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For each of us in this crazy business there is a special play—usually a play that we saw early in our careers, one that moved us deeply, that elicited a sigh and a heartfelt “That’s the kind of theater I want to do.”

For me it was a magnificent production of A Day in the Death of Joe Egg, by Peter Nichols, with Jim Dale and Stockard Channing—an astonishing balancing act of tragedy and comedy, performed with a light step and a twinkle in the eye, and I was both devastated and thrilled. And when Daniel, Corrie, and I started Thalia’s Umbrella, our first production was Joe Egg.

So when Michael Longhurst, the incoming Artistic Director of the Donmar Warehouse in London, chose Europe—an obscure 25-year-old play—as his very first production at the Donmar a few years ago, I suspected that this was his “special” play, and I quickly ordered a copy. I found it to be passionate, audacious, and an astonishing balancing act of tragedy and comedy. I fell in love.

We are proud—and a bit surprised—to be producing the US Premiere of Europe (maybe even the North American premiere—Mr. Greig’s agent is unsure). But even though his later plays have premiered at prestigious theaters (the RSC) and all over the world (Intiman did a fine production of The Event a few years ago), it’s not too surprising that a play with this title by a then-unknown, 25-year-old Scottish playwright would go unnoticed in the US. But the political fiction of borders is not, of course, a simply European phenomenon. Nor the disruptions caused when our attitudes (sometimes romantic, sometimes mercenary, sometimes violent) change toward the people and places on the other side of one.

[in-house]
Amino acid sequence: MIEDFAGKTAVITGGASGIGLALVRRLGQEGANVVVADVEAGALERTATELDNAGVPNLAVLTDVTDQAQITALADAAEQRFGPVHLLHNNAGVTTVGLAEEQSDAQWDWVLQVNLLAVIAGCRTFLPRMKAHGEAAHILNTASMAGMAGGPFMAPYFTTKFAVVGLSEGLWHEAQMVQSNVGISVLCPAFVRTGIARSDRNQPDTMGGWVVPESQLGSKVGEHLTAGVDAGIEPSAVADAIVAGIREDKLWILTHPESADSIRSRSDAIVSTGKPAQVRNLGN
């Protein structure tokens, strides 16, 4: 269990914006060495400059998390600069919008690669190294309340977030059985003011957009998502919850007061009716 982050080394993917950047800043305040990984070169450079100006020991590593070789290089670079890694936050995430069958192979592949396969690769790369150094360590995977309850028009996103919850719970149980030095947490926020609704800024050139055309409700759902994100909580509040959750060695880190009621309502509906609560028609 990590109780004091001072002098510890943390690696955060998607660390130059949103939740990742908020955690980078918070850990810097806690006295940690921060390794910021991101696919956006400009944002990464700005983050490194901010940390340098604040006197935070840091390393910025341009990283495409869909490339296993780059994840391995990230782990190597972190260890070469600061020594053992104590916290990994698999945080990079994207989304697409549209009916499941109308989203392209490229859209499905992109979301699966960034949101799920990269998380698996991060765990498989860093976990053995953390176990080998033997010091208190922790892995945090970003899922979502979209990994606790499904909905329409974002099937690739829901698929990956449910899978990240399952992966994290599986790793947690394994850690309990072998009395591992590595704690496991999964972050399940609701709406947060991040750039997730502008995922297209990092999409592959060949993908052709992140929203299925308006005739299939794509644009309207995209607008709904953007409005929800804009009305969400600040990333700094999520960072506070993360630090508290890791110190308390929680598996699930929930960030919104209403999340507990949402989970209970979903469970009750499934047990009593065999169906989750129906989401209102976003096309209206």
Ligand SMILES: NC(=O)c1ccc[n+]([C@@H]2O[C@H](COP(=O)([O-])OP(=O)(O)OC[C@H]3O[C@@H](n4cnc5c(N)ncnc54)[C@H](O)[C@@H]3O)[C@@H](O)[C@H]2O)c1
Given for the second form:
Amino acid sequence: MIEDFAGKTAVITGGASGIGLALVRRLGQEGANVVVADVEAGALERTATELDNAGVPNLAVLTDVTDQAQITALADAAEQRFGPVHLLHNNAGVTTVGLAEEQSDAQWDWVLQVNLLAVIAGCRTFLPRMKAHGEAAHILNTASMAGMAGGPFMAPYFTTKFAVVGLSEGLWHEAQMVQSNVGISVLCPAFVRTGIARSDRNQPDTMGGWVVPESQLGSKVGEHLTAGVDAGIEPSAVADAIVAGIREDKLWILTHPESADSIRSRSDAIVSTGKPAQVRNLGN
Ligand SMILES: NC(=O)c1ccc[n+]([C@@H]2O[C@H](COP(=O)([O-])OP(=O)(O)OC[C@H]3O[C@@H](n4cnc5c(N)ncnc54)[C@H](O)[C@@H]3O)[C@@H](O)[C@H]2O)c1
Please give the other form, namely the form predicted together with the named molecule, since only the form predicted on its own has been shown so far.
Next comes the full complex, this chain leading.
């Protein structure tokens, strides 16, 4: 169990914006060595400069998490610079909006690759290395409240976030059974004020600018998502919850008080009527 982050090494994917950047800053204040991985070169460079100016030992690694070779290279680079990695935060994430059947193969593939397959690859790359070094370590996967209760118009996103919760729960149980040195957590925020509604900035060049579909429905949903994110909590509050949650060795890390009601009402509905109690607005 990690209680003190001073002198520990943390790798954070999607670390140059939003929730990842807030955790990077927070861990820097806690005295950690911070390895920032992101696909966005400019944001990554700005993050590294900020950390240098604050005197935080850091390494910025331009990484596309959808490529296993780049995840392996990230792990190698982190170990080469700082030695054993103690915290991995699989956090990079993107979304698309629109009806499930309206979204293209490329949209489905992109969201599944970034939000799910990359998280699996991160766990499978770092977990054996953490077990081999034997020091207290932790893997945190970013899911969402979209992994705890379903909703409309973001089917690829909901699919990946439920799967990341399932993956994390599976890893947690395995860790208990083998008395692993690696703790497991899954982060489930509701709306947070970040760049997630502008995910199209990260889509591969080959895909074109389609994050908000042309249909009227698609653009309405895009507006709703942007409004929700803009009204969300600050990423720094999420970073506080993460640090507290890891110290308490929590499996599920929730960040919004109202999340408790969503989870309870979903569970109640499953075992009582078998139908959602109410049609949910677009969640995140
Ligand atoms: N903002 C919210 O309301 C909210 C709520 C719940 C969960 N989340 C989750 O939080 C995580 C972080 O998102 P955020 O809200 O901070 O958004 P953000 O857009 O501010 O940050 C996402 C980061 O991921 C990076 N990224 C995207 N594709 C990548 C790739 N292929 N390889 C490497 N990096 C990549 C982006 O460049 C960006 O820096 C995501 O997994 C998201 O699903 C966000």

As I write this, Russia is—violently—removing its border with Ukraine.

The name of the town in Europe is never spoken; it has many, many names.



Katia Europe. Snipers on the rooftops, mortars in the suburbs and you said: “This is Europe…we must stay in Europe.” So we stayed, even after the food ran out: “This is Europe.” When the hospitals were left with nothing but alcohol and dirty bandages. I warned you and you still said: “This is Europe. Honesty will prevail, sense will win, this war is an aberration…a tear in the fabric. In time it’ll be sewn up again and things will look as good as new.”

Sava What are you saying?

Katia I’m saying I believed you.

—from Europe, by David Grieg

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